New York City Council Header
File #: Res 1023-2019    Version: Name: Require comprehensive sexuality education for students in grades K-12. (S.4844/A.6512)
Type: Resolution Status: Committee
Committee: Committee on Health
On agenda: 8/14/2019
Enactment date: Law number:
Title: Resolution calling upon the New York State Legislature to pass, and the Governor to sign, S.4844/A.6512, which would require comprehensive sexuality education for students in grades K-12 which addresses age and developmentally appropriate physical, mental, emotional and social dimensions of human sexuality and reflects the national sexuality education standards.
Sponsors: Vanessa L. Gibson, Ben Kallos, Adrienne E. Adams, Carlina Rivera , Diana Ayala , Mark Levine, Deborah L. Rose, Francisco P. Moya, Farah N. Louis, Helen K. Rosenthal, Brad S. Lander, Karen Koslowitz, Laurie A. Cumbo, Margaret S. Chin, Inez D. Barron, Andrew Cohen, Stephen T. Levin, Robert E. Cornegy, Jr., Daniel Dromm , Keith Powers
Council Member Sponsors: 20
Attachments: 1. Res. No. 1023, 2. August 14, 2019 - Stated Meeting Agenda with Links to Files, 3. Hearing Transcript - Stated Meeting 8-14-19, 4. Minutes of the Stated Meeting - August 14, 2019, 5. Proposed Res. No. 1023-A - 2/18/20
Date Ver.Prime SponsorAction ByActionResultAction DetailsMeeting DetailsMultimedia
2/5/2020AVanessa L. Gibson City Council Re-referred to Committee by Council  Action details Meeting details Not available
8/14/2019*Vanessa L. Gibson City Council Referred to Comm by Council  Action details Meeting details Not available
8/14/2019*Vanessa L. Gibson City Council Introduced by Council  Action details Meeting details Not available

Proposed Res. No. 1023-A

 

Resolution calling upon the New York State Legislature to pass, and the Governor to sign, S.4844/A.6512, which would require comprehensive sexuality education for students in grades K-12 which addresses age and developmentally appropriate physical, mental, emotional and social dimensions of human sexuality and reflects the national sexuality education standards.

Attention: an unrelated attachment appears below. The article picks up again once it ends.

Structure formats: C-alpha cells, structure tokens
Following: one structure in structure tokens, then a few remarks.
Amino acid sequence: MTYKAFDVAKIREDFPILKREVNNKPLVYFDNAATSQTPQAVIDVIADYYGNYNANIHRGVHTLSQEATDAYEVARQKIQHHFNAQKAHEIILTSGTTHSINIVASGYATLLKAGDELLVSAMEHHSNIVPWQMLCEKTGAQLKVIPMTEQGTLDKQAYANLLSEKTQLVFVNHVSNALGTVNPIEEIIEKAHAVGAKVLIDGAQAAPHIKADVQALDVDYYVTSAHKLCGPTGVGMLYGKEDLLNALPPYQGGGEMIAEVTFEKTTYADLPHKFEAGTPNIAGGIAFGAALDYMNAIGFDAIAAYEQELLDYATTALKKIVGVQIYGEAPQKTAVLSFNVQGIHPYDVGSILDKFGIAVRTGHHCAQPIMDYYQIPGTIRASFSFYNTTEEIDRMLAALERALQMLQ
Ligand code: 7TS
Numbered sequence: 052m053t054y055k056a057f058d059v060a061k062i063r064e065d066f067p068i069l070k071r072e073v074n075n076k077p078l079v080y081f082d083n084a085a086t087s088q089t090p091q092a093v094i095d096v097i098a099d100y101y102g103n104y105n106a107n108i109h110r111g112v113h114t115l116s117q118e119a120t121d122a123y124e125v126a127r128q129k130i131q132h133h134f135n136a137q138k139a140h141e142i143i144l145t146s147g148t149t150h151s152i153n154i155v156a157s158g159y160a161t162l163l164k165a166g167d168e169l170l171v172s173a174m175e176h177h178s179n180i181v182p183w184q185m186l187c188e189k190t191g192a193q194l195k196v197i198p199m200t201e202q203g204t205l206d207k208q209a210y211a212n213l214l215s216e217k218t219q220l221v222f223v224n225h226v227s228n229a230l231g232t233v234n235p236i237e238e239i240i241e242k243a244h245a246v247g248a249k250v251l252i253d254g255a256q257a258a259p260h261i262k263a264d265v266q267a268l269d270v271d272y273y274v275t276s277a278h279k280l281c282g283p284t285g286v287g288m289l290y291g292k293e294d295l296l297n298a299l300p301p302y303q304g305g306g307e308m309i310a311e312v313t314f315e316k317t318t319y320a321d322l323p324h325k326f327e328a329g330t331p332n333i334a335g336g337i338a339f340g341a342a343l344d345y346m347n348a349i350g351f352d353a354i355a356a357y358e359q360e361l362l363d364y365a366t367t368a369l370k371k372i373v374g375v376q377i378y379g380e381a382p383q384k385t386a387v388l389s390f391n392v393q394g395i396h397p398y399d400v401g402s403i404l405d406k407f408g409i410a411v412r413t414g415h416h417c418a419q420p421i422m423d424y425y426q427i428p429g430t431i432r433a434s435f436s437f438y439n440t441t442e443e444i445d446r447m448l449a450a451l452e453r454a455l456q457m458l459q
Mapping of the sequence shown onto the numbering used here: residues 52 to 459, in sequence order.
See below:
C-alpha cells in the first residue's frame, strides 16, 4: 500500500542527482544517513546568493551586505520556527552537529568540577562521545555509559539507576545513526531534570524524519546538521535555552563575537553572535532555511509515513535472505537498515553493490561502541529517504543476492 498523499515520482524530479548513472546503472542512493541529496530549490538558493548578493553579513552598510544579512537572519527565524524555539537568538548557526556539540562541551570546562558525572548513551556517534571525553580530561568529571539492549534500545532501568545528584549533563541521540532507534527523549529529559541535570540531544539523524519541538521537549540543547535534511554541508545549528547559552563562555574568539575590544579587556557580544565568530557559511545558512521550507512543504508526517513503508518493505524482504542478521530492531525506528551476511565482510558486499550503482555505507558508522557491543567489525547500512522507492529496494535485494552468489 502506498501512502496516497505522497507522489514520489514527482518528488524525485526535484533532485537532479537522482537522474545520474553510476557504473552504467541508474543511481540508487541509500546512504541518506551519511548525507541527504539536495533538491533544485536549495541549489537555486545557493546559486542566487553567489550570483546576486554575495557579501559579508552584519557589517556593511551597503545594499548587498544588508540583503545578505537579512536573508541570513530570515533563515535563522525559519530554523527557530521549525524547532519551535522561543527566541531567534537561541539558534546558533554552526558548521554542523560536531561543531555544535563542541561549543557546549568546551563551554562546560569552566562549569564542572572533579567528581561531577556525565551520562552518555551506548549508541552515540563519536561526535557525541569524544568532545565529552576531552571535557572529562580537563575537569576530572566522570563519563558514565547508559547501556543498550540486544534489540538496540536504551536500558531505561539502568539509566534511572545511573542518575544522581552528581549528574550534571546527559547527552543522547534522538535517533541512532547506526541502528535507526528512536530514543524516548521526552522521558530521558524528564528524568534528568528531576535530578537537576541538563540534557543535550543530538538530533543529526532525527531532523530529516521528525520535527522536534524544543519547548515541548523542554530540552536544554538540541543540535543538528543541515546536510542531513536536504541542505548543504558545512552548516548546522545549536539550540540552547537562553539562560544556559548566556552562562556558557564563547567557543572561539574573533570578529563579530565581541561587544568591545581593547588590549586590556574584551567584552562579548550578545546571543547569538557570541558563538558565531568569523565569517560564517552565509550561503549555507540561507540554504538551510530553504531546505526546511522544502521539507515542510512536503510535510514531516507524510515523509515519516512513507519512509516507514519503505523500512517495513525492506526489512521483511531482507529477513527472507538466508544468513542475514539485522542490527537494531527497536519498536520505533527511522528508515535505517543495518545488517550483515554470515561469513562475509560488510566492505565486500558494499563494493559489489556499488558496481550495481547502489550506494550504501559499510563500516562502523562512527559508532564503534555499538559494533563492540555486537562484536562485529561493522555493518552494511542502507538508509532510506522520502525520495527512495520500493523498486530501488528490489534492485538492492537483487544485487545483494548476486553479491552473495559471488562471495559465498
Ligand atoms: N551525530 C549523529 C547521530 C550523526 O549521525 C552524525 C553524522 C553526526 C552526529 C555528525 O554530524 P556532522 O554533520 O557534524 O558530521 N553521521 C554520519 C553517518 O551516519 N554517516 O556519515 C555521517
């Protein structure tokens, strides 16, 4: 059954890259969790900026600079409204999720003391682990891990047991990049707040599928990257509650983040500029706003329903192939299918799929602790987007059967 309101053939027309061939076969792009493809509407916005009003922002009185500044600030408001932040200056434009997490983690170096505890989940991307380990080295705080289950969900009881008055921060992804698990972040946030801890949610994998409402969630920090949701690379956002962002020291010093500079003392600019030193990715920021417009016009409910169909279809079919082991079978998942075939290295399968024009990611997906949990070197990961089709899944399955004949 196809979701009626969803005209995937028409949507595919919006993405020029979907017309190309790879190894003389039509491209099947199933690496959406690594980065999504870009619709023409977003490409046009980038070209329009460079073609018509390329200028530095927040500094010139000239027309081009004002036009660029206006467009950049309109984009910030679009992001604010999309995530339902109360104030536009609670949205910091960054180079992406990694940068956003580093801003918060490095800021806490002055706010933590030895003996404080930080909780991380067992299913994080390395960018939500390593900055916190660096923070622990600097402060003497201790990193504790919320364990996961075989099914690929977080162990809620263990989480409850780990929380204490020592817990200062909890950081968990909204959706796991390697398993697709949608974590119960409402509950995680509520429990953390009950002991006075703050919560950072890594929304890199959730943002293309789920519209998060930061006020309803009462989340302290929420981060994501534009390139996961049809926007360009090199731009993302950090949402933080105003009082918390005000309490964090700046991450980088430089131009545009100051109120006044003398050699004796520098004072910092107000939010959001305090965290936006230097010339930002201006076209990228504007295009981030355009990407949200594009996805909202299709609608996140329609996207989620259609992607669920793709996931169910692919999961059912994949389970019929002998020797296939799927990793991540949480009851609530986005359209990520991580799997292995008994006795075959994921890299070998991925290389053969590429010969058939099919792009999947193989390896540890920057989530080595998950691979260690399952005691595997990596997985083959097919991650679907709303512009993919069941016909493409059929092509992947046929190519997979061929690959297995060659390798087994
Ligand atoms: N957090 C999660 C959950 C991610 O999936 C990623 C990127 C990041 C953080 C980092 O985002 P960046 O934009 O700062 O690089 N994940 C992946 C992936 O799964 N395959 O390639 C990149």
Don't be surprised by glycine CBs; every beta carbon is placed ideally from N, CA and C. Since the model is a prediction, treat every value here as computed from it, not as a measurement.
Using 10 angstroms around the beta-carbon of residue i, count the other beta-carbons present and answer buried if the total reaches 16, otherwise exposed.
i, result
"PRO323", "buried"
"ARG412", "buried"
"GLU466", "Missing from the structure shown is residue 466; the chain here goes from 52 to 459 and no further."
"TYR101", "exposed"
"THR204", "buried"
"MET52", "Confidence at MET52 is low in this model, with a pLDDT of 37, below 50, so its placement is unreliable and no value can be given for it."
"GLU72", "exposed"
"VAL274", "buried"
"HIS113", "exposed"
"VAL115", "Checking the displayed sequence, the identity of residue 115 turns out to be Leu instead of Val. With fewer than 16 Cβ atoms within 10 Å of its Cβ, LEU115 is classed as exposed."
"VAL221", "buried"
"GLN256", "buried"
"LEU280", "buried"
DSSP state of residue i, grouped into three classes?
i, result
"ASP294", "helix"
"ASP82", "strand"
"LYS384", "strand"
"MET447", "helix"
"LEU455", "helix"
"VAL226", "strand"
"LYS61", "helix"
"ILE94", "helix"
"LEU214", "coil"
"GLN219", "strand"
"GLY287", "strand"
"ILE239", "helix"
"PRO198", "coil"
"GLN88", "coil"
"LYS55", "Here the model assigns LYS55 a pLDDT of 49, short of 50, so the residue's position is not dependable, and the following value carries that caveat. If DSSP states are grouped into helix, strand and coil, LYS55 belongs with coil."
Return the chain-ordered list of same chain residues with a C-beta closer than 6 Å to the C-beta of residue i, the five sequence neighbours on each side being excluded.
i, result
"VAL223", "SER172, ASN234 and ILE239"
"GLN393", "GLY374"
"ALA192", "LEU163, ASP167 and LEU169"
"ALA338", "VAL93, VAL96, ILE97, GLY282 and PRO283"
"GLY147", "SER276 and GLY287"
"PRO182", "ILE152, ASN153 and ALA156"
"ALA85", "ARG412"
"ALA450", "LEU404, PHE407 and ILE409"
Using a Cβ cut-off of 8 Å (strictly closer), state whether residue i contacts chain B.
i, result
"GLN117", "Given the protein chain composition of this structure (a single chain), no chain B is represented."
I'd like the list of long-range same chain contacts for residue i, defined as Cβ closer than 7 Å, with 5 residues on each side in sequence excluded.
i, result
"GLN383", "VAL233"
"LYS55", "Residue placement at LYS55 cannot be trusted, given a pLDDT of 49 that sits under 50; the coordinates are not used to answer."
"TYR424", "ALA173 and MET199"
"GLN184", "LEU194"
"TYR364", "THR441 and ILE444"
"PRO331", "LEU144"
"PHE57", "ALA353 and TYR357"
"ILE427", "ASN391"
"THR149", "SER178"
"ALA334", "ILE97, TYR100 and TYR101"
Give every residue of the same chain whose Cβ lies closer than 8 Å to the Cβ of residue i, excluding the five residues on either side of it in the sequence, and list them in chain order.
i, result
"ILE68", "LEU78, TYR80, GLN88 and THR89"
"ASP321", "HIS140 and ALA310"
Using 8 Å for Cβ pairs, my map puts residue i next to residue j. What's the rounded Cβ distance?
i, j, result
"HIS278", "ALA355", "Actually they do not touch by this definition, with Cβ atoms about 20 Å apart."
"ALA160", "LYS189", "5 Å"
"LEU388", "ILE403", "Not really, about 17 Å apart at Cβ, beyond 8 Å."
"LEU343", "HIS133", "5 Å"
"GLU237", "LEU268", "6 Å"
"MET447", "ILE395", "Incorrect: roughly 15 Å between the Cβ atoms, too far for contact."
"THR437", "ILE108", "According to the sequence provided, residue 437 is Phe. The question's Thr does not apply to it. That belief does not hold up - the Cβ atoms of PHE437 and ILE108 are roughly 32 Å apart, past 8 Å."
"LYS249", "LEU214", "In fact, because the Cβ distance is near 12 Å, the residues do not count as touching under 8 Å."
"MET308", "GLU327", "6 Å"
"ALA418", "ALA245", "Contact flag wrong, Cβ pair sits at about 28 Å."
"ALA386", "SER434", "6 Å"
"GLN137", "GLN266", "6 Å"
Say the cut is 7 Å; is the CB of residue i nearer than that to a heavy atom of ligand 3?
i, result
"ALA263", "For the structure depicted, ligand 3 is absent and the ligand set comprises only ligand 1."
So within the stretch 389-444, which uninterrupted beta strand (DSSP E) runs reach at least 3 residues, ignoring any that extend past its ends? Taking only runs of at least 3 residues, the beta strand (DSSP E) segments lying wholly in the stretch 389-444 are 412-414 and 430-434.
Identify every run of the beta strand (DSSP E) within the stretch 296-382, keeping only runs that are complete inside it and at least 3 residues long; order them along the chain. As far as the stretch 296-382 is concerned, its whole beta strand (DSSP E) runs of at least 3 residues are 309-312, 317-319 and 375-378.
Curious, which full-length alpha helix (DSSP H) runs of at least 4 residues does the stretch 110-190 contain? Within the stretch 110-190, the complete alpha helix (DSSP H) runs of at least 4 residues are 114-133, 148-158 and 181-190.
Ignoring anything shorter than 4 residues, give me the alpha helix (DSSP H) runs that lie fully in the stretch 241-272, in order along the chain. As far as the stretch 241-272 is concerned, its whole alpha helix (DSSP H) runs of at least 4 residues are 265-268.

By Council Members Gibson, Kallos, Adams, Rivera, Ayala, Levine, Rose, Moya, Louis, Rosenthal, Lander, Koslowitz, Cumbo, Chin, Barron, Cohen, Levin, Cornegy, Dromm and Powers

 

Whereas, According to the Centers for Disease Control and Prevention’s Youth Risk Behavior Survey (YRBS), in 2017, 26.8 percent of New York City (NYC) high school students reported previously engaging in sexual intercourse, and 42.6 percent of students who reported being sexually active reported not using a condom during their last sexual intercourse; and

                     Whereas, Failure to use condoms during sexual intercourse puts sexually active students’ health at risk as, according to the New York State Department of Health, in 2017, there were over 15,500 chlamydia diagnoses and 2,800 gonorrhea diagnoses of individuals aged 10-19; and

                     Whereas, Data also show that many NYC students’ physical, mental, emotional and social wellbeing are at risk due to dating violence, and according to the 2017 YRBS, 15.4 percent of all high school students experienced sexual dating violence; and

                     Whereas, According to the Centers for Disease Control and Prevention, experiencing violence in relationships puts people at higher risks for violence in future relationships, including intimate partner violence and sexual violence perpetration, and the Urban Institute reports that lesbian, gay, bisexual, and transgender teenagers have a higher risk of experiencing dating abuse than their heterosexual peers; and